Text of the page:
To help build awareness, DCS developed a compelling exhibit of photographic portraits of children in need of adoptive families. Called the Indiana Heart Gallery, the traveling exhibit began making stops at various public venues in 2007. Using the talents of professional photographers who volunteer their time, the individual spirit and true personality of each child is captured. The Gallery can feature more than 40 portraits, depending on the size of the exhibit area. (The Gallery was featured today at the kick-off event.)
An online Picture Book with photos and short bios of adoptable kids is also available (see http://www.in.gov/dcs/2737.htm). To help answer questions about foster child adoptions, there are several adoption specialists strategically located throughout the state. (They’re called SNAP Specialists; see http://www.in.gov/dcs/2735.htm .) And to provide support for parents that adopt a foster child, DCS offers a full array of post-adoptive services, including information, referral, therapy, crisis intervention, support groups and mentoring.
These are very real children who desperately need families of their own. Though waiting kids come from a variety of backgrounds—some have physical or mental disabilities, some are part of a sibling group and many are older children or adolescents—DCS continues to work to prove that there is no such thing as an unadoptable child.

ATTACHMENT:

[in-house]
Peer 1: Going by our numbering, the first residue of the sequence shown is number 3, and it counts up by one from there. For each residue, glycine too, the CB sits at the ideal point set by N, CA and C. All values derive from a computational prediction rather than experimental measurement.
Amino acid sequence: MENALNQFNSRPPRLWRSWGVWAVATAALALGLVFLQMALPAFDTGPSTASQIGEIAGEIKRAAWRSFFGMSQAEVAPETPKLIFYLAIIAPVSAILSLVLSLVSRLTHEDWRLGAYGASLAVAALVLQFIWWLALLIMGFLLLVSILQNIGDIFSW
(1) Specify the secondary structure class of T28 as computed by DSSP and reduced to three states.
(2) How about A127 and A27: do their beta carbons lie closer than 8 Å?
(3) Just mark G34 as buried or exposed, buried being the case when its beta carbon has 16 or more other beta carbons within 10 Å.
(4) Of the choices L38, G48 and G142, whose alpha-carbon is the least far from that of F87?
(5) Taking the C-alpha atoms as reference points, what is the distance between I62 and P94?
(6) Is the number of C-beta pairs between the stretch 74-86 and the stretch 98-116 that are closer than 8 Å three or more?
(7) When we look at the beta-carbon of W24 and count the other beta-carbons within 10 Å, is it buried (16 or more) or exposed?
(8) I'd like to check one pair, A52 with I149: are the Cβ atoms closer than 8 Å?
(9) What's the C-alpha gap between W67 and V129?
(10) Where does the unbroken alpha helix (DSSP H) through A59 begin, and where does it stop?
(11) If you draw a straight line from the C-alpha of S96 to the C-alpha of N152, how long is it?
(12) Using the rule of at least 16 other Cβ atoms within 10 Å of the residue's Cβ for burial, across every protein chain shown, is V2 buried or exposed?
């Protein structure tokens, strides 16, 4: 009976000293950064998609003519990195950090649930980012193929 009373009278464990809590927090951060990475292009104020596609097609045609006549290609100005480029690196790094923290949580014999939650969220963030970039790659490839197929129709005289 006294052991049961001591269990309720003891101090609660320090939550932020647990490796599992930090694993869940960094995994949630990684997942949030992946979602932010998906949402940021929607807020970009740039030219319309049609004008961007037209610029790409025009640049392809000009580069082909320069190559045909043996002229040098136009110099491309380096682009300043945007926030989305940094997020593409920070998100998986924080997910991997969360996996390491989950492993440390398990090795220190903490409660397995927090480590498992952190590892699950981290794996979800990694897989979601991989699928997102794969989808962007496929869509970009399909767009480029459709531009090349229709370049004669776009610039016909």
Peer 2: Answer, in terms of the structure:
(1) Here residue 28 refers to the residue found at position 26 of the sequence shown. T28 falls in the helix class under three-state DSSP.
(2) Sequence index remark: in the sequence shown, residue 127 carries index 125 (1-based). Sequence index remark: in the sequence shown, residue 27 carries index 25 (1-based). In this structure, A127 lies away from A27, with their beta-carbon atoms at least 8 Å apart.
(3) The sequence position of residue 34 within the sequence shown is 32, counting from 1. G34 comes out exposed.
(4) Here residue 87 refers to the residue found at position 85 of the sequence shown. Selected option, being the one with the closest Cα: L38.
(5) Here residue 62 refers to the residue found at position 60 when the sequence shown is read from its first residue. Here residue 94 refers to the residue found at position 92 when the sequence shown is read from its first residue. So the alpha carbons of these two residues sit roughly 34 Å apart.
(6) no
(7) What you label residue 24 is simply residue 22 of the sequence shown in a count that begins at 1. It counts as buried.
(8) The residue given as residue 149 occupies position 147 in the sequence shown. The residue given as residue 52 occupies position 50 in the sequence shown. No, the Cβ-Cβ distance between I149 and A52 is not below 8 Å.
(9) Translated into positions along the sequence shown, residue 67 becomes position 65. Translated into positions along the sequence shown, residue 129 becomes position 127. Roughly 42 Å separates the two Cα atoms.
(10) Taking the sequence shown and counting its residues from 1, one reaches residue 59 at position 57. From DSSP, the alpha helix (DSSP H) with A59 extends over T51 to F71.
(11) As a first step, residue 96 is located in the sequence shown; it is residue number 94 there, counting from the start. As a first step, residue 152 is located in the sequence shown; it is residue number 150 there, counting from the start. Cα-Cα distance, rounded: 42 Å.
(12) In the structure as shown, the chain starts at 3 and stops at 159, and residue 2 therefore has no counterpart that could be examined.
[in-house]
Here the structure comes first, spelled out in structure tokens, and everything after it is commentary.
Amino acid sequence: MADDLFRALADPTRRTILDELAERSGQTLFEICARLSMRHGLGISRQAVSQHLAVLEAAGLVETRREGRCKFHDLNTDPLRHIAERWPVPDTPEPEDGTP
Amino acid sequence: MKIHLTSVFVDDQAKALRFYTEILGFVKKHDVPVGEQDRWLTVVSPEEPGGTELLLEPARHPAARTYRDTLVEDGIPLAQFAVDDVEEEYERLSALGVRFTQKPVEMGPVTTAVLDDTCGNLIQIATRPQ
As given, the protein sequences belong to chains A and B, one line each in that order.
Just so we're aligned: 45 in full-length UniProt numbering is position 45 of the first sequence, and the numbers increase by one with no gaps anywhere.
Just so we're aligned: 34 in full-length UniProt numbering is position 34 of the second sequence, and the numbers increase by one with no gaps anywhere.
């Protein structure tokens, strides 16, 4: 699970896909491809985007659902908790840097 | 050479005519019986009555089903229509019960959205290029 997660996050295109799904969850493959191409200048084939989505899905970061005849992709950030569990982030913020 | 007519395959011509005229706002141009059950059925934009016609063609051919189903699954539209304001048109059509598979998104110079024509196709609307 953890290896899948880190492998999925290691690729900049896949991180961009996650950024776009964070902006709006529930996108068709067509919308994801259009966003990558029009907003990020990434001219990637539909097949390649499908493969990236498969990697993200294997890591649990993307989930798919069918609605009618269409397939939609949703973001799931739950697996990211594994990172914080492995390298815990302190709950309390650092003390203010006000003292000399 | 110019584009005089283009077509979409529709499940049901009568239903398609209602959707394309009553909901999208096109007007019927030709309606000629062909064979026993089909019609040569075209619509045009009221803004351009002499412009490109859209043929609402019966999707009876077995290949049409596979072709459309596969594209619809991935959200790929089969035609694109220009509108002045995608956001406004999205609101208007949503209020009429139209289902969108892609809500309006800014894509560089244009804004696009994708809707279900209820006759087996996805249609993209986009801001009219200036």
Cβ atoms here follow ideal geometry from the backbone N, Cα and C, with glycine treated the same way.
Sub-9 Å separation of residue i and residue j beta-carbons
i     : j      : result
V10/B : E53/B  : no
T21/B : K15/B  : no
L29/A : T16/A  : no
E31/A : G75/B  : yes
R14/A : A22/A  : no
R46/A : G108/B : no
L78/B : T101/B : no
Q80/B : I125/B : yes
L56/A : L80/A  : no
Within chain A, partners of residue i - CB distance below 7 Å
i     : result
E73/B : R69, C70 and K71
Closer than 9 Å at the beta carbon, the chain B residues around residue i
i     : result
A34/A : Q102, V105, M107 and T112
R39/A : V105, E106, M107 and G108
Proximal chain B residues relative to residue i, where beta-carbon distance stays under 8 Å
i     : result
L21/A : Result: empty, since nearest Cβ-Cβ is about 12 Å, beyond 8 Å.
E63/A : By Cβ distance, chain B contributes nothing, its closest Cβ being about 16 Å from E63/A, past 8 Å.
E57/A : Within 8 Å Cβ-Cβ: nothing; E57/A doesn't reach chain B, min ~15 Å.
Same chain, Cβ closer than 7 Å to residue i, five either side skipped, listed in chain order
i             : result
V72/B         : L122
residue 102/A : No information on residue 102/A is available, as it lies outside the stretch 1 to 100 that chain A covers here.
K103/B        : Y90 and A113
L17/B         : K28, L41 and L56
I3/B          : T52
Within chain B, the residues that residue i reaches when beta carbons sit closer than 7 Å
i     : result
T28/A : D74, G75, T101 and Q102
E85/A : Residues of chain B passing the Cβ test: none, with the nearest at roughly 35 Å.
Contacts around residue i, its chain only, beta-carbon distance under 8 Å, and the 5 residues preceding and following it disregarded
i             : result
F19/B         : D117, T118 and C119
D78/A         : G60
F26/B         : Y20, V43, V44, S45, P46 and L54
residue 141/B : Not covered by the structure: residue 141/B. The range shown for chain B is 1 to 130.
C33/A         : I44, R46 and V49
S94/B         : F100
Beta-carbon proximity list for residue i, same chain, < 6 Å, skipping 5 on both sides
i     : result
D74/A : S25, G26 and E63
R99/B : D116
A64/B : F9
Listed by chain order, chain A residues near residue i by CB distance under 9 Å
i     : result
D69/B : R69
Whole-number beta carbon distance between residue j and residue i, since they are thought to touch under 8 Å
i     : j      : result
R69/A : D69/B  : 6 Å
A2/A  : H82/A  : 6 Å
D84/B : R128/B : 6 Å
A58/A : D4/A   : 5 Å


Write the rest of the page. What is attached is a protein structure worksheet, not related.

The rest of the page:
Top 10 Reasons to Consider Adopting a Foster Child:
#10– Others tell you that you are good with kids.
#9 – Your commitment will help change a child’s future.
#8 – Patience and a sense of humor are two of your greatest strengths.
#7 – You have a heart that is bigger than your home.
#6 – Reaching out to others seems natural to you.
#5 – You have a spare bedroom and would rather it go to a child than become yet another storage closet.
#4 – You know how important it is to be part of a family.
#3 – You are ready to accept the challenge of parenting a special child.
#2 – You believe every kid counts.
And the #1 reason to consider adopting a foster child: Today there are more than 300 foster children in Indiana waiting for forever homes.
About Indiana Department of Child Services (DCS): DCS is committed to protecting children who are victims of abuse or neglect. The Agency’s primary goal is to safely keep these children at home with their families by offering appropriate support services. If safety continues to be a concern, relative or foster care placements are necessary. DCS also oversees adoptions from the foster care system and manages the Child Support Bureau. The Kids First Trust Fund, supported by the sale of ‘Kids First’ specialty automobile license plates, subsidizes child abuse and neglect prevention programs. In collaboration with the NFL’s Indianapolis Colts, DCS’ Books for Youth initiative is targeting a Super Goal for the Super Game: collect 750,000 books for foster kids by Feb. 2012. Child abuse/neglect hotline: 800.800.5556. www.in.gov/dcs.